Another favorite song from the drafting soundtrack.

With my first two books, especially To Love A Stranger, I felt a lot of pressure to finish-and-publish. What else would justify all that time? This time, it feels okay to put in these hours dickering with a puzzle. In revision, I love figuring out where the problems are and how to smooth them out. Every one of them teaches me something I can keep in mind for next time. This story took a bunch of risks, and uses some devices that maybe, ultimately, can’t work. That feels okay too. If I can’t fix them, I can still learn from them.

This experience is reminding me why, at the end of the day, I do this work even when no results are guaranteed. Storytelling always just feels right. Doing it keeps me grounded in who I am. Every project has some kind of joy in it, a motive power that keeps me coming back.

One of these days, maybe this current main character really will make his way into the world, whether in a version of this book or in some different story. That might be a while from now. Meanwhile, he makes me smile, and I’ll enjoy the time I can spend with him.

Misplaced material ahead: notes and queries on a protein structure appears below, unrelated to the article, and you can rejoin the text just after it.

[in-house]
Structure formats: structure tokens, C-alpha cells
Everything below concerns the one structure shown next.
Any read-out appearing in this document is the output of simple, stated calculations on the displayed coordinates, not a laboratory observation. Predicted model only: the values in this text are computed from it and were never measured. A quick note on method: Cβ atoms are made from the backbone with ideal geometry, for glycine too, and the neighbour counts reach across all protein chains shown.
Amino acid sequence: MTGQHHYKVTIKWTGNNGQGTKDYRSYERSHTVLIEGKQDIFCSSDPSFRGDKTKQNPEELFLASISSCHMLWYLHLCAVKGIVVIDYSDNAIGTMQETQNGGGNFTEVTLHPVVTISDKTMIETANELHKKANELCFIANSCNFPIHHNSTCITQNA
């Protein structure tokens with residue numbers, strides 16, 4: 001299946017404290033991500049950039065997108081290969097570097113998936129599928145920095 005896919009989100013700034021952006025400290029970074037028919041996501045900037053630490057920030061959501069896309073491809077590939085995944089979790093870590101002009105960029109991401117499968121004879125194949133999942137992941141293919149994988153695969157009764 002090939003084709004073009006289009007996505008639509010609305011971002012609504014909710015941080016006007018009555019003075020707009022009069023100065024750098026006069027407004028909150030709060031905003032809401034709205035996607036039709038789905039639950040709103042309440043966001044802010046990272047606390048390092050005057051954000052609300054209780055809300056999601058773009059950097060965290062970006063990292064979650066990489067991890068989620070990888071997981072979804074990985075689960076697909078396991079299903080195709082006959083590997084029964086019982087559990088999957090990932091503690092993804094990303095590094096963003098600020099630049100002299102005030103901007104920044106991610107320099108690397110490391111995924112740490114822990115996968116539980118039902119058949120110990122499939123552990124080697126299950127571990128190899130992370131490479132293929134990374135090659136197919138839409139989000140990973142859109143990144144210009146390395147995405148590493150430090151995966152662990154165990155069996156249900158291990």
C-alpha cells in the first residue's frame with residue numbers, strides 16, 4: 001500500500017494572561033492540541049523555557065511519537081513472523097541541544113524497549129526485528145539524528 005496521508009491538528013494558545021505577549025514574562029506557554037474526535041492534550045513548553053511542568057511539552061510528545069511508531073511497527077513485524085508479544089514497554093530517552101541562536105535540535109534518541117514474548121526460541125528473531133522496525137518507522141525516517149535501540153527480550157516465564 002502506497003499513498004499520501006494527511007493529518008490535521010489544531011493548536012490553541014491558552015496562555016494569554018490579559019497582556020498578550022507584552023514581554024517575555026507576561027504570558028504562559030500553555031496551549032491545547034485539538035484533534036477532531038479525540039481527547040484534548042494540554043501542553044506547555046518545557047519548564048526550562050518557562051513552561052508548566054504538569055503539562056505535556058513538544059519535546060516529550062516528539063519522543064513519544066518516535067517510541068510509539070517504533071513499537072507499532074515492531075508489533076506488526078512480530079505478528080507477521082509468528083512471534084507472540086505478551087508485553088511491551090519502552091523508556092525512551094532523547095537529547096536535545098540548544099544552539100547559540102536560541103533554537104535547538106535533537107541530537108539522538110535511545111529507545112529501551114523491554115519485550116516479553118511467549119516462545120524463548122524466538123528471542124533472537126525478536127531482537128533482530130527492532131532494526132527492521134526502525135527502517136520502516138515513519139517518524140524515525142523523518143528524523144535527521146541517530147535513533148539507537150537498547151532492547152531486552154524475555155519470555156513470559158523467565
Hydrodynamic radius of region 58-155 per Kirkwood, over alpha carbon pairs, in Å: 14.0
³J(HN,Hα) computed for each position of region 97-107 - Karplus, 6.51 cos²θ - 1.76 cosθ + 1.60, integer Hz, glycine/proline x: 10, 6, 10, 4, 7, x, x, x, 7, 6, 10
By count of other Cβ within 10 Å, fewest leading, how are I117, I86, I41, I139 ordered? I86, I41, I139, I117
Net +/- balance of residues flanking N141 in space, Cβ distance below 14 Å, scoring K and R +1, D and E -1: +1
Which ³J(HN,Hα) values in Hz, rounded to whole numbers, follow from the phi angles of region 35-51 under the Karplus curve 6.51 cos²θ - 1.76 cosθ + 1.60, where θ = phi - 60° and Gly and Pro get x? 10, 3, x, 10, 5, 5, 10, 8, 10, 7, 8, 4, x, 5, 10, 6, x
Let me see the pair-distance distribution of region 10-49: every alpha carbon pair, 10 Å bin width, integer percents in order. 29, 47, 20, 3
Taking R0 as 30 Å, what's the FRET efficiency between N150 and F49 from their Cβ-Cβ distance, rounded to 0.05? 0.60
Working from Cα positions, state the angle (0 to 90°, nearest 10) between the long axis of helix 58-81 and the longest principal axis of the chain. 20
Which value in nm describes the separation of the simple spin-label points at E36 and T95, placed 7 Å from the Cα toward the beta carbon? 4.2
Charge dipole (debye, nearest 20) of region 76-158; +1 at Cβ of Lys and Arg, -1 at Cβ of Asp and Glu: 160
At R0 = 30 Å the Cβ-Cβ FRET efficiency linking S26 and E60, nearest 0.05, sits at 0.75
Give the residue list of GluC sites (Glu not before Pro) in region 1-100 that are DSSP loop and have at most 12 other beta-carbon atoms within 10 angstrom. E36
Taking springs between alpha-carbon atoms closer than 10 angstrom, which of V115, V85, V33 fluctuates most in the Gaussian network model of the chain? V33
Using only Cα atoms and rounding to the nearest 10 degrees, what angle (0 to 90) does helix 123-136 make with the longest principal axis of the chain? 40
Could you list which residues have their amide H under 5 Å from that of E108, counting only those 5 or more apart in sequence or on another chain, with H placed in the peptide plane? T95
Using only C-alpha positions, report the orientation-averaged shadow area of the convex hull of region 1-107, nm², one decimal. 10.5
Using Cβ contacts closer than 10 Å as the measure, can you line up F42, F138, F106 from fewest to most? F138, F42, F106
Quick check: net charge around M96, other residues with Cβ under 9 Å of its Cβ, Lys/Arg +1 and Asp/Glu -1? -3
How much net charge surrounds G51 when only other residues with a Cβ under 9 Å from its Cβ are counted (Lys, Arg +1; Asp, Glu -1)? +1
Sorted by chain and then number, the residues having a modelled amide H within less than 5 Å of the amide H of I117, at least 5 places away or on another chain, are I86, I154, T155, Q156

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The Writing Cave

Our crowdfunder for Fourteen Stones’s launch is coming very soon! I’m so excited to share this book with you. Today, as we gear up for the start of the crowdfunder, I thought I’d share a little “virtual tour” of the place where my novel took shape.

I’m not the greatest housekeeper (in fact, if there’s a list of good housekeepers, my name is nowhere in its remotest vicinity). To put it mildly, my space is cluttered, usually chaotic, but I love it anyway.

The writing space

My writing desk, which is pretty much invisible under all the stuff, was an antique-store find ten years ago, when my husband and I moved into our house and I set up my own office for the first time. The desk is a narrow secretary with pigeonholes and a front you can close, which I never do. Here you can see the playlist up on my trusty laptop, and the pile of notes I always keep around, and in honor of Fourteen Stones, the sketches I drew four years ago when I was fleshing out my fictional world. I’ve kept those drawings up ever since, as a promise to myself that the book would be out in the world one day. (And now that day is almost here! 🙂 )